Genesis 2: 9-17 (Adam gets a place to live and a job)
9 And out of the ground the Lord God made to spring up every tree that is pleasant to the sight and good for food. The tree of life was in the midst of the garden, and the tree of the knowledge of good and evil.
10 A river flowed out of Eden to water the garden, and there it divided and became four rivers. 11 The name of the first is the Pishon. It is the one that flowed around the whole land of Havilah, where there is gold. 12 And the gold of that land is good; bdellium and onyx stone are there. 13 The name of the second river is the Gihon. It is the one that flowed around the whole land of Cush. 14 And the name of the third river is the Tigris, which flows east of Assyria. And the fourth river is the Euphrates.
15 The Lord God took the man and put him in the garden of Eden to work it and keep it. 16 And the Lord God commanded the man, saying, “You may surely eat of every tree of the garden, 17 but of the tree of the knowledge of good and evil you shall not eat, for in the day that you eat[d] of it you shall surely die.”
Here is the tool I am using to evaluate translations: https://www.blueletterbible.org/esv/gen/2/1/s_2001
The verses above are relatively straight-forward translations – or so it seems to me, at least. The words of interest are mostly words that we have looked at before. However, please use the tool kit linked above and look for yourself.
So what is the deal with those two trees?
According to David Guzik‘s study guide of these verses:
d. The tree of life…the tree of the knowledge of good and evil: These two trees were among all the other trees God created and put in the Garden of Eden.
ii. The tree of the knowledge of good and evil was the “temptation” tree. Eating the fruit of this tree would give Adam an experiential knowledge of good and evil. Or, it is possible that it is called the tree of the knowledge of good and evil not so man would know good and evil, but so God could test good and evil in man.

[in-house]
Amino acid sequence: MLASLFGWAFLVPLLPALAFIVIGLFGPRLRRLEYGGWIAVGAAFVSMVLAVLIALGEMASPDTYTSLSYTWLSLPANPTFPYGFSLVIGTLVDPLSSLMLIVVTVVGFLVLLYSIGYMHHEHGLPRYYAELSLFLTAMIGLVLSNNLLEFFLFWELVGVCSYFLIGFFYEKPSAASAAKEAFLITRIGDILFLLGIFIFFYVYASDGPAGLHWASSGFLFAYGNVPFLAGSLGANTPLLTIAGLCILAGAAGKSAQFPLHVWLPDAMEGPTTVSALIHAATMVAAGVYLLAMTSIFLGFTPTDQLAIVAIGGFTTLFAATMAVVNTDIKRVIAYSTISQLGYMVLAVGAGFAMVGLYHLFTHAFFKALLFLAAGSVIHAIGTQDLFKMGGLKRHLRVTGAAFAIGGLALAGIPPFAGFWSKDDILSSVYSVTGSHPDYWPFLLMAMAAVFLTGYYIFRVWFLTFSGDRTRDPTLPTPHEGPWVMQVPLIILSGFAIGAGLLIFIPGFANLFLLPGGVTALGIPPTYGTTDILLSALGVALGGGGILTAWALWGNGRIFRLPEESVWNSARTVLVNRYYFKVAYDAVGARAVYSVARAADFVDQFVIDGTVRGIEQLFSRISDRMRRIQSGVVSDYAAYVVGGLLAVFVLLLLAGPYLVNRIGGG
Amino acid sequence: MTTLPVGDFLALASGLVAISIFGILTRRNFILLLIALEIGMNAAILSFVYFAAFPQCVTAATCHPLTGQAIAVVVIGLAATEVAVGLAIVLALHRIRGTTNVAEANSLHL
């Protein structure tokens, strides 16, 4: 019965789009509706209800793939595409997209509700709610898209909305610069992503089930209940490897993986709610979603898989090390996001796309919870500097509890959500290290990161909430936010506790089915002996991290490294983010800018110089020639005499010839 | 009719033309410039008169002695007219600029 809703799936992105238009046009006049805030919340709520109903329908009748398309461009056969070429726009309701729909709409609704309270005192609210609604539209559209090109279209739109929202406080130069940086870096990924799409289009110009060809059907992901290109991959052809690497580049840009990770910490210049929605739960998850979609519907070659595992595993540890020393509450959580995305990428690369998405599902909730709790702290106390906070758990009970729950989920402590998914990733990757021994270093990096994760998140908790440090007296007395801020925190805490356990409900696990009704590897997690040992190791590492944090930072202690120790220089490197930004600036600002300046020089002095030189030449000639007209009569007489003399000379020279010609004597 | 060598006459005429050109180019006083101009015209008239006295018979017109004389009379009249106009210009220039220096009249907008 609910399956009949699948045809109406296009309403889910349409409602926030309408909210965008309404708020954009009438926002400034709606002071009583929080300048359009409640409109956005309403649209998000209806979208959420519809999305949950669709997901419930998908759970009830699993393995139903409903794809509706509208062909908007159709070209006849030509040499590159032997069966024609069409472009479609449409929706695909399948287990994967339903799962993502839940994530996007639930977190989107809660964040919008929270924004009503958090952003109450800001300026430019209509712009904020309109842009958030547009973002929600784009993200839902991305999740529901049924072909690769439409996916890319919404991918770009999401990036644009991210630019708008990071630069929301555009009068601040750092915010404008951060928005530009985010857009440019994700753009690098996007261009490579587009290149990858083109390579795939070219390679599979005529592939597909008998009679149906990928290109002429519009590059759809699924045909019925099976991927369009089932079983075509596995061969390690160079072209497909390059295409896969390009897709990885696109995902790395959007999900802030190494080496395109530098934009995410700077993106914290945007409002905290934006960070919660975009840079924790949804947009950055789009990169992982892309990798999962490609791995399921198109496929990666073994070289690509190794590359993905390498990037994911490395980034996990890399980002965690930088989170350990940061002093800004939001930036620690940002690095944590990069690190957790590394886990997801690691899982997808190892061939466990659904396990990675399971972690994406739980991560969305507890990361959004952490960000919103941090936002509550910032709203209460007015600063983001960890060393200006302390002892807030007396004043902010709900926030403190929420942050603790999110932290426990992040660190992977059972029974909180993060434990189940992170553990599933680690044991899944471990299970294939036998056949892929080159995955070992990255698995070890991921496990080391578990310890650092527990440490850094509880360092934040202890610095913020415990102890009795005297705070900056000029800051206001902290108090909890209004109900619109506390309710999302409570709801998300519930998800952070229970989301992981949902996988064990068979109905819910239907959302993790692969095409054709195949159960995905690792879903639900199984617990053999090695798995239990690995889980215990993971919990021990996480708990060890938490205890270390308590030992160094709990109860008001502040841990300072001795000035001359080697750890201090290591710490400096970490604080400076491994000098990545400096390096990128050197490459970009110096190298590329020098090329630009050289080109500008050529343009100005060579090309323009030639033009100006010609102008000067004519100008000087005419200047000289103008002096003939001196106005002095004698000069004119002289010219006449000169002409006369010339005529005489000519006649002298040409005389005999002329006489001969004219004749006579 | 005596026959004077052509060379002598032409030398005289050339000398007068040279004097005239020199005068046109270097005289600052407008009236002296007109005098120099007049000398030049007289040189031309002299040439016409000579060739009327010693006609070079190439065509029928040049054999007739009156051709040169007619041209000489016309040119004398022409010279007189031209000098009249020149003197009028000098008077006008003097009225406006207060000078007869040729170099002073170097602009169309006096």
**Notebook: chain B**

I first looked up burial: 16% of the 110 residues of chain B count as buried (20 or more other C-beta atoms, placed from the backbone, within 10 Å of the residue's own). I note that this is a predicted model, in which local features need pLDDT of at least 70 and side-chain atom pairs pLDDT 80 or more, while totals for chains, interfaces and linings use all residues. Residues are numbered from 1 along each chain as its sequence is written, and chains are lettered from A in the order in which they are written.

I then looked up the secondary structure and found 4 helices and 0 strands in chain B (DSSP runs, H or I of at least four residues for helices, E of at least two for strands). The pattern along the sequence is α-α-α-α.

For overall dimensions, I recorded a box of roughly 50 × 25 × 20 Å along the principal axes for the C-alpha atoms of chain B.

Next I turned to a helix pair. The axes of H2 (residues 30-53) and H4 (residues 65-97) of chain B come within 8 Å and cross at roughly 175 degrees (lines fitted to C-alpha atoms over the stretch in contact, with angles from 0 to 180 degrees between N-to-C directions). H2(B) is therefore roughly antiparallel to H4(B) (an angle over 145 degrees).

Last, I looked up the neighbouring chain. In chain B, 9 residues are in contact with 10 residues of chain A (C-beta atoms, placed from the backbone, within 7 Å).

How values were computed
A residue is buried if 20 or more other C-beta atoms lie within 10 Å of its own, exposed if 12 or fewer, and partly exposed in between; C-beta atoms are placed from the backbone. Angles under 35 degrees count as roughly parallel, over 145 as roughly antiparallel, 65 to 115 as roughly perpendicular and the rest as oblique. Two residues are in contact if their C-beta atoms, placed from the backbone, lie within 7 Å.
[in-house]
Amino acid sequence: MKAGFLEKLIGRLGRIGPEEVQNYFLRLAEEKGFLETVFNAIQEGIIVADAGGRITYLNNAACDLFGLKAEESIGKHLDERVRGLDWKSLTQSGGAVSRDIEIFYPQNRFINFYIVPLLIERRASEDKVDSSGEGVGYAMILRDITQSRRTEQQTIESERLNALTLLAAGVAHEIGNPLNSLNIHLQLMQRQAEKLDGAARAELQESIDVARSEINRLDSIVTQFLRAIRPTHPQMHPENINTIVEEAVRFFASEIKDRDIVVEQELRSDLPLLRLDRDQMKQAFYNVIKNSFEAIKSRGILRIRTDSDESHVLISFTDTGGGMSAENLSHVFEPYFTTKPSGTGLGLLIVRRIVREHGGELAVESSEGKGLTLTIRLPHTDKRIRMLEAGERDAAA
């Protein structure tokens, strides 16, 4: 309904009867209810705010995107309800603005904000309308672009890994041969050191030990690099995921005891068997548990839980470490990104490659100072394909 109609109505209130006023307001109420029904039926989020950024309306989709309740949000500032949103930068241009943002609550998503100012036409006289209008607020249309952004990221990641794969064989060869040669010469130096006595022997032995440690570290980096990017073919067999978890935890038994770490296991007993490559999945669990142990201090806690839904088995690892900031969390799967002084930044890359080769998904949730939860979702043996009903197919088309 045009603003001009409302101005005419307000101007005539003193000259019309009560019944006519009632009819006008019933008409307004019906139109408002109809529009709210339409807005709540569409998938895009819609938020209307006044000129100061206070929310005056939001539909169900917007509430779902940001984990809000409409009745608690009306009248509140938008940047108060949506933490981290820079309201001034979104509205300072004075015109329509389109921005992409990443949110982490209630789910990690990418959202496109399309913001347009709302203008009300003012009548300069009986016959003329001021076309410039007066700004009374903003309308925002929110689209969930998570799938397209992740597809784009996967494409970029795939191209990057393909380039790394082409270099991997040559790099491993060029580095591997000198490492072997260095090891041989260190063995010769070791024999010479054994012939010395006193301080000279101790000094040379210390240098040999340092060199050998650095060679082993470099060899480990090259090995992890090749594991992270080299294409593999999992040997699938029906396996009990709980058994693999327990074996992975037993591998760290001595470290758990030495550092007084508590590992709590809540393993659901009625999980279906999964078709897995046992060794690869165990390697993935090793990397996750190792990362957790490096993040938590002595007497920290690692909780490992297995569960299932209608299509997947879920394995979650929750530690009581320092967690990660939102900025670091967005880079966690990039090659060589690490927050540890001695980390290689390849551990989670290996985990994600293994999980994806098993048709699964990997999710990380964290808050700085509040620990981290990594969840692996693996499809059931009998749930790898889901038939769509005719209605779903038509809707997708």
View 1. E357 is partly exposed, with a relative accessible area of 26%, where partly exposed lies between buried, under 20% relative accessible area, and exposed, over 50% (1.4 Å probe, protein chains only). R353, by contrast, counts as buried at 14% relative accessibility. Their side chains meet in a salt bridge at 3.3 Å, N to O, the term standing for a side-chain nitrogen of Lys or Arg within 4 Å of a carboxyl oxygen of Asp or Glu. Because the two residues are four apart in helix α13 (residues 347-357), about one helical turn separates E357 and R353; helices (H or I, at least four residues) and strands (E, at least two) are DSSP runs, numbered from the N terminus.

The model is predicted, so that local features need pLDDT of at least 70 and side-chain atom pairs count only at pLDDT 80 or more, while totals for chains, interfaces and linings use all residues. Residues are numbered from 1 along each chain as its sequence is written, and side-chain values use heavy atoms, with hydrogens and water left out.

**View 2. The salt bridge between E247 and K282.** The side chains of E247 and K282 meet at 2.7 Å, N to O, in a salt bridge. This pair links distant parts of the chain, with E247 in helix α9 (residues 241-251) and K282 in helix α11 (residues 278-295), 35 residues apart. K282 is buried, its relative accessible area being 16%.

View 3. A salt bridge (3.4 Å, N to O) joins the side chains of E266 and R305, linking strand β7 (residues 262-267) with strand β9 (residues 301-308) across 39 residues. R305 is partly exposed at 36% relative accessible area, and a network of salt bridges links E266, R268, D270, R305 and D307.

We will be revisiting these trees, and when we do they will play a more central role in the narrative. Therefor… I will revisit the study of them in more detail in later verses.
Are these verses referring to places where *other* people live outside the Garden? The Bible refers here to Havilah, Cush, and Assyria. It might be that the author – many hundreds of years later – is providing geographic context to his present-day readers by naming these places. Or the verses might be telling us that other people were living outside of the Garden. We will have increased evidence that the latter is true after the Fall and the eviction from the Garden.
There are a few schools of thought regarding the location of the Garden of Eden. I will include some maps below:
And of course there are other views in addition to these three. The reality, though, is that we do not know where the Garden was located with any certainty. We have a general idea derived from the Genesis description – and all of the above suggested locations are not too far from one another. However, if an actual Garden of Eden did exist, archaeologists have not yet been able to identify and agree on its location.
The Sumerian people – whose culture dates as far back in time as archaeology can currently reach with any sense of comfort – had a similar account of a place like Eden. In Sumer, Eridu was the first settlement.
The Sumerian Kings List begins:
When kingship from heaven was lowered,
the kingship was in Eridu
Another location, known as the Garden of the gods, is believed to be a predecessor to Eden.
Tying the two predecessors together, British assyriologist, Theophilus Pinches, (1856 – 6 June 1934) believed that the Garden of the gods and Eridu were one and the same.
Does an earlier culture referring to Eden -or a place like Eden- diminish the Genesis Eden account? In my opinion, no. It strengthens the story by providing archaeological evidence in support of a place like that having existed. “But, the Hebrews copied the Sumerians and Babylonians!” Well, maybe. Maybe they were all talking about the same place. It might be that the passage of time obscured and changed the history from the more accurate and earlier Sumerian account. Or it might be that the Sumerian account was itself a remembrance. The Hebrew account purports to be given to Moses by God who was presumably present when the events occurred. Perhaps God corrected the historic accounts for Moses?
That is of course a question of personal opinion and faith.